The Blue Velvet Project, #23
Second #1081, 18:01
“There are opportunities in life for gaining knowledge and experience,” Jeffrey has just said to Sandy as they sit in Arlene’s.
In 1844, two years after his eldest son died of scarlet fever, Ralph Waldo Emerson began his most radical essay, “Experience,” with these sentences: “Where do we find ourselves? In a series of which we do not know the extremes, and believe that it has none. We wake and find ourselves on a stair; there are stairs below us, which we seem to have ascended; there are stairs above us, many a one, which go upward and out of sight.” Later in the essay, he directly addressed the death of his son in ways that would seem to be unthinkable in today’s culture of victim grief:
In the death of my son, now more than two years ago, I seem to have lost a beautiful estate, — no more. I cannot get it nearer to me. If tomorrow I should be informed of the bankruptcy of my principal debtors, the loss of my property would be a great inconvenience to me, perhaps, for many years; but it would leave me as it found me, — neither better nor worse. So is it with this calamity: it does not touch me: some thing which I fancied was a part of me, which could not be torn away without tearing me, nor enlarged without enriching me, falls off from me, and leaves no scar. It was caducous. I grieve that grief can teach me nothing, nor carry me one step into real nature.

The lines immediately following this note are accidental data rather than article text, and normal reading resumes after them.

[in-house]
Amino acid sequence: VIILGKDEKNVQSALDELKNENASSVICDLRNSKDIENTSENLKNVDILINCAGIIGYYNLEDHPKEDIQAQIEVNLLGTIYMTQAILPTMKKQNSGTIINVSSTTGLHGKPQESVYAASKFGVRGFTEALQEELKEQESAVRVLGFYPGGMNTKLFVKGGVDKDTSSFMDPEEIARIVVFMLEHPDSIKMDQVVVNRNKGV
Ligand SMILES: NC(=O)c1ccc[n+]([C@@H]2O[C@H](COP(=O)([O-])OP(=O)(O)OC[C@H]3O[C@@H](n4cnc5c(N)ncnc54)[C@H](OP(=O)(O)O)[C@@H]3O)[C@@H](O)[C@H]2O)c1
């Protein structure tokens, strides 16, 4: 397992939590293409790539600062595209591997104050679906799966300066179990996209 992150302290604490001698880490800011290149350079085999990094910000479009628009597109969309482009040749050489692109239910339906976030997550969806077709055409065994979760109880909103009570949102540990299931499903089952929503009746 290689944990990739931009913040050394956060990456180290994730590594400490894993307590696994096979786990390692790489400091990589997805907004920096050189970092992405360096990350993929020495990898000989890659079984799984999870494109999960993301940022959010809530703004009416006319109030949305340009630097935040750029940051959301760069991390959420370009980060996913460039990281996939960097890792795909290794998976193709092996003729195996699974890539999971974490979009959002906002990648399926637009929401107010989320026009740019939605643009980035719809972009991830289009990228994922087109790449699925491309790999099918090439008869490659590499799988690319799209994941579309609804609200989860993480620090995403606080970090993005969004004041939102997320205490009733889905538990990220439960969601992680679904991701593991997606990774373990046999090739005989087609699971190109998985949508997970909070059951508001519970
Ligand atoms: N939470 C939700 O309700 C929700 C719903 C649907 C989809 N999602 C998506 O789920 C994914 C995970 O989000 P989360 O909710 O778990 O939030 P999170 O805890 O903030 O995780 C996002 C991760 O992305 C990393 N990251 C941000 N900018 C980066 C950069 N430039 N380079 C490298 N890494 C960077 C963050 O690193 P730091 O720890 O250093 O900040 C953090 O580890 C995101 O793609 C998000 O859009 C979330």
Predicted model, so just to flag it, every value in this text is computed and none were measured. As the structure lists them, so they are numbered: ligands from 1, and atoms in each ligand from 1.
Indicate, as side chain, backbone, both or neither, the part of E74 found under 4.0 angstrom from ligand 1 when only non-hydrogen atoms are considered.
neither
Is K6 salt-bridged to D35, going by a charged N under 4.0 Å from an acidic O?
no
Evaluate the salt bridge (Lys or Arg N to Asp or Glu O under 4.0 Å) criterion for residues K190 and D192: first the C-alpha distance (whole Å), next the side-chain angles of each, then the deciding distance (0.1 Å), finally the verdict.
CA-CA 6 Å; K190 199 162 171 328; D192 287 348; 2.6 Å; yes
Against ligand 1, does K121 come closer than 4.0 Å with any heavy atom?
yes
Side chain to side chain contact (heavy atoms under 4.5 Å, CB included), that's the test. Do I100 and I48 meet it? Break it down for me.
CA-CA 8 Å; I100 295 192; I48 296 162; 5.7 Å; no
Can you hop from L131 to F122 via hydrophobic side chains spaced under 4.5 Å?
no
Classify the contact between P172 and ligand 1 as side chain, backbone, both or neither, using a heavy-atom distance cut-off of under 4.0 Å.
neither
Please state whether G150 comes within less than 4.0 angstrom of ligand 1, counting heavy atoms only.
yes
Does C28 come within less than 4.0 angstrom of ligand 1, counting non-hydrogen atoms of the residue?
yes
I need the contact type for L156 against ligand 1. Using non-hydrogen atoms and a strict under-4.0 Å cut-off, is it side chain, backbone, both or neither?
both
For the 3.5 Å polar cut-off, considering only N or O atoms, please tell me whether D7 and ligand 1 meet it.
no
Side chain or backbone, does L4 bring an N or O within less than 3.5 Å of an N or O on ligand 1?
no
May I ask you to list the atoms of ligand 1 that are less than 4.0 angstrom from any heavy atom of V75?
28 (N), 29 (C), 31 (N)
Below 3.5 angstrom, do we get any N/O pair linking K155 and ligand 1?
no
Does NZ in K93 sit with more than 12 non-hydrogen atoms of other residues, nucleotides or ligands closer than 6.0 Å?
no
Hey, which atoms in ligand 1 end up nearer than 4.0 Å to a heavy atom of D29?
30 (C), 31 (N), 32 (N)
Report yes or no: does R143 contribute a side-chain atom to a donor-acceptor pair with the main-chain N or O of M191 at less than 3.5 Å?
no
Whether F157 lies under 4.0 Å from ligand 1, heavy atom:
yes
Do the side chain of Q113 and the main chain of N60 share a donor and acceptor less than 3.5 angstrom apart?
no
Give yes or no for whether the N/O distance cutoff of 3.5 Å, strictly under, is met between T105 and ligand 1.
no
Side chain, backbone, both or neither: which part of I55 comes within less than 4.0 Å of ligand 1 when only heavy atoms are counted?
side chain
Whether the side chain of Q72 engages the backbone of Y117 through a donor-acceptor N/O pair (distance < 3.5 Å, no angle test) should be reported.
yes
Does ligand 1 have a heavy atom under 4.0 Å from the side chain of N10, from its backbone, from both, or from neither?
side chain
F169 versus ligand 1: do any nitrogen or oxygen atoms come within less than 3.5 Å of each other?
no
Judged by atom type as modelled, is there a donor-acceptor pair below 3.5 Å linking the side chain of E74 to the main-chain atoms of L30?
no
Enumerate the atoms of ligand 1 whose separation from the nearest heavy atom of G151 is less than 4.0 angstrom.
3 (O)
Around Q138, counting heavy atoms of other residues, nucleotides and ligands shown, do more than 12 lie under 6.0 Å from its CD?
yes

Emerson’s reference to his son Waldo’s death is no lament, at least not for his son. He uses it instead to show that even this—the loss of someone he “fancied was a part of me”—could not move him “one step into real nature.” Jeffrey’s desire in Blue Velvet to be seized by reality (“experience”), to be shaken awake, to see, to feel, is an echo of Emerson’s lament. Jeffrey wants to be hurt. In order for this to happen, he must find the ear, which will lead him to Detective Williams, and then to Sandy, and then to Dorothy Vallens, and then to Frank Booth, and then finally back not to Sandy, but to Little Donny, a version of his younger self. In the frame at second #1081, Jeffrey—hands clasped together—both pleads and instructs. The narrative flow of the scene, from innocence to experience, is echoed in the frame: from light (Sandy) to dark (Jeffrey), and is just the sort of binary opposition that Blue Velvet establishes, only to destroy.
Over the period of one full year — three days per week — The Blue Velvet Project will seize a frame every 47 seconds of David Lynch’s classic to explore. These posts will run until second 7,200 in August 2012. For a complete archive of the project, click here. And here is the introduction to the project.